Today, many of our compatriots observe with great interest the accelerating speed of mutually advantageous Uzbek-American relations.This phenomenon is recognized not only by politicians of both countries, but by the world community. Since the early days of the relationship,Uzbekistan and the U.S. have experiencedsignificant andconstructiveinteraction, especially in recent years,andtherefore,celebrating the twentieth anniversary of the establishment of diplomatic relations between the U.S. and Uzbekistan is an important step toward strengthening cooperation between the two states.
New levels of high quality and mutually advantageous interchange between the two countries in the spheres ofpolitics, economics, and the humanitarian and military realm, became possible owing to the signing of the Declaration on Strategic Partnership, in March 2002, and more than sixty inter-governmental and inter-departmental agreements have laid the foundation for these relations. Among the most recent events of high importance were exchanges of personal messages between the state leaders in April 2010 and June 2011, a visit by Secretary of State Hillary Clinton to Uzbekistan in December 2010, as well as meetings of the leadership of the Republic with National Security Deputy Counselor Denis McDonough, United States Senator Lindsey Graham,and the U.S. Special Representative for Afghanistan and Pakistan Ambassador, Marc Grossman. The telephone conversation between the two leaders in September 28, 2011, consolidated a mutual aspiration to develop comprehensive relations between the U.S. and Uzbekistan.
The co-chair of the Caucus on Central Asia in the House of Representatives, Congressman Eni F.H. Faleomavaega an official statement in honor of the twentieth anniversary of diplomatic relations between the two countries, which is registered in the official record and will be kept in thearchivesCongress and spread among all members of the U.S. House of Representatives. Noted in this statement is that, since February 19, 1992, the day of establishment of bilateral diplomatic relations, Uzbekistan has managed to achieve significant progress in the spheres of politics, the economy, and international relations and that it is on the way to democracy, while restoring its unique historical legacy and national identity. In his statement, E. Faleomavaega stressed the high level of cooperation between Uzbekistan and the U.S. in providing regional security, struggling against trans-national threats, and in deepening political and economic consultations. The Congressman stressed the U.S’ special gratitude for the assistance which Uzbekistan provided in Afghanistan, particularly by building railroads and bridges, and supplying energy at a reduced price.
Yesterday,George A. Krol, US Ambassador Extraordinary and Plenipotentiary to Uzbekistan, gave an exclusive interview to the editorial staff of Vatandosh.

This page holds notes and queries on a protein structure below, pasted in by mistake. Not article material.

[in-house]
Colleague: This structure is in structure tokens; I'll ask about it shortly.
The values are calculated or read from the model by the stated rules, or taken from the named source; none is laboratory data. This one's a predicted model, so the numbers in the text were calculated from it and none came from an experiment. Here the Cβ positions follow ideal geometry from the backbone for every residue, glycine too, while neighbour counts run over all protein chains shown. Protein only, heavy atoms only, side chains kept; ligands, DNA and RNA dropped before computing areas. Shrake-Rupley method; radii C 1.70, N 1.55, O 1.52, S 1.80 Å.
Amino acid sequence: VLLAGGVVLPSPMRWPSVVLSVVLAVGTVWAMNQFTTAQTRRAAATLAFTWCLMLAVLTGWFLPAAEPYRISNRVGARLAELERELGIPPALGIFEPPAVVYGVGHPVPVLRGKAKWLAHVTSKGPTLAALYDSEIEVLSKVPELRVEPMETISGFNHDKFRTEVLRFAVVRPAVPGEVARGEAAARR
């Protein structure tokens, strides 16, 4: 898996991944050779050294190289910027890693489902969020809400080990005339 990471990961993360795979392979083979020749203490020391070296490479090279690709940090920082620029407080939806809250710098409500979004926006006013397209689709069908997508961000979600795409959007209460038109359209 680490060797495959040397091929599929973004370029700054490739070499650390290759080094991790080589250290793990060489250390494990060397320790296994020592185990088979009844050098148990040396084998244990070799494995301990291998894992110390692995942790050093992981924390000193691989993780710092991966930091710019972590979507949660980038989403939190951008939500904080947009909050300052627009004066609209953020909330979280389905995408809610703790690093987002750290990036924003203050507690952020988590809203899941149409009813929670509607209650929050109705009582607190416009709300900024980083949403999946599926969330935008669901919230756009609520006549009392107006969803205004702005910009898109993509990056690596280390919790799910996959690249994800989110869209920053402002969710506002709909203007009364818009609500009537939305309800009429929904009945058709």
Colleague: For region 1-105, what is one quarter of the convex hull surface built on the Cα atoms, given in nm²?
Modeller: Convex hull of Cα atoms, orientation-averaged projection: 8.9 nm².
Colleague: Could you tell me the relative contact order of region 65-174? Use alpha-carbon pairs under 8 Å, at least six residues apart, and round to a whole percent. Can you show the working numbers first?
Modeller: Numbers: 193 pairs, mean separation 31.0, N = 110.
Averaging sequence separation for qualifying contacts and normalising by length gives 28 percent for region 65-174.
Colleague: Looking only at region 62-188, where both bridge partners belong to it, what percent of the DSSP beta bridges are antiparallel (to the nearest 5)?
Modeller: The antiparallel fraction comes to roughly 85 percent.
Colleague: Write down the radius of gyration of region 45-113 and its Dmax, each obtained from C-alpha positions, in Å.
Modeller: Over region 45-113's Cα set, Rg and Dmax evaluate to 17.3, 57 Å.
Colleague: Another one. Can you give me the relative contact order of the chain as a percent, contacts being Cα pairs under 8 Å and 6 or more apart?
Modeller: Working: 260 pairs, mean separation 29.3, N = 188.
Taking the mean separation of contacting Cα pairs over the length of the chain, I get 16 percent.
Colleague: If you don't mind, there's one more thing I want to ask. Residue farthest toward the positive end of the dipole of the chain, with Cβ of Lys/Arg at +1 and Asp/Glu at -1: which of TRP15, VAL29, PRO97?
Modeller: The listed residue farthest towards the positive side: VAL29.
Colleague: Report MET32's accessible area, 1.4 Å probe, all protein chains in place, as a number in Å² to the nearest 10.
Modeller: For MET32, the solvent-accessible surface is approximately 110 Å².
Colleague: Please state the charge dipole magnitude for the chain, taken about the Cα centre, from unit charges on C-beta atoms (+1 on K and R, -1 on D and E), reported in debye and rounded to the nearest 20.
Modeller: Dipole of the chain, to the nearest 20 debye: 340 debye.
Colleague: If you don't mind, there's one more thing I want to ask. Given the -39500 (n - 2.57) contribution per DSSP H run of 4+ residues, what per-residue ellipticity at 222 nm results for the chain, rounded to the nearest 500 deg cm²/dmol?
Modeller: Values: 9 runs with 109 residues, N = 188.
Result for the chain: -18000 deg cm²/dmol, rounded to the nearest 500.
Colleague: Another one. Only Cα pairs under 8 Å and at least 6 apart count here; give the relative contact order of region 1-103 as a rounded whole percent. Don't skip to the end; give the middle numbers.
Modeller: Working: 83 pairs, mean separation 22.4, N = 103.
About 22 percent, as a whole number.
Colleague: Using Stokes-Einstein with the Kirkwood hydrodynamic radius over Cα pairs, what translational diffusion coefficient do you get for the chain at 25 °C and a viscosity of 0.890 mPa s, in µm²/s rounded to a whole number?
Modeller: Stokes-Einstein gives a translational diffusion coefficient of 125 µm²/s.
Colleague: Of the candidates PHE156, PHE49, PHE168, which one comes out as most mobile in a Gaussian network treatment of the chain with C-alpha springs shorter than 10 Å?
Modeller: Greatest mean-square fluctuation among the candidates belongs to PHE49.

Vatandosh: Dear Mr. George A. Krol! First of all let me thank you for giving this interview in connection with the twentieth anniversary of the establishment of diplomatic relations between the U.S. and Uzbekistan. How do you assess the significance of this historical event?
George A. Krol: Twenty years is a relatively short time in what I hope will be hundreds of years of relations between our countries and peoples. But even in this short period of time we have accomplished much in setting up a strong base for future cooperation in areas of mutual interest such as working together to promote regional stability, particularly in violence-torn Afghanistan, in combating narco business and trafficking in humans, in facilitating economic growth, prosperity, trade and the formation of a healthy and democratic society.
Vatandosh: Mr. Ambassador, the U.S. has been and remains in all respects,the most significant strategic partner for Uzbekistan. What is your view of the successes achieved in American-Uzbek relations lately?
George A. Krol: As I said, over these twenty years, we have established a solid base for further cooperation. The Declaration of Strategic Partnership that our governments signed in 2002 remains current in setting out both the principles underlying our relationship, as well as providing a blueprint for future joint efforts. We are actively fulfilling many of the tasks noted in that document. Our nations signed a science and technology agreement in 2010. Now we are looking at ways to implement that agreement. In 2009, we established a mechanism of Annual Bilateral Consultations to set forth a joint work plan and review our progress in fulfilling it. Our law enforcement and militaries are developing effective relationships with trainings and exchanges. We are closely consulting on Afghanistan. Our societies and legislatures are also engaging in exchanges, consultations and programs in culture, healthcare,and inadvancing therule of law. In 2011 we saw the opening of alarge new U.S. investment–the GM Powertrain Plant in Tashkent. We hope its success will attract more U.S. investment, trade and business,and that Uzbekistan will purchase more American products and technology. Agriculture is an area in which we are working closely together and which has great potential for greater mutual cooperation and benefit.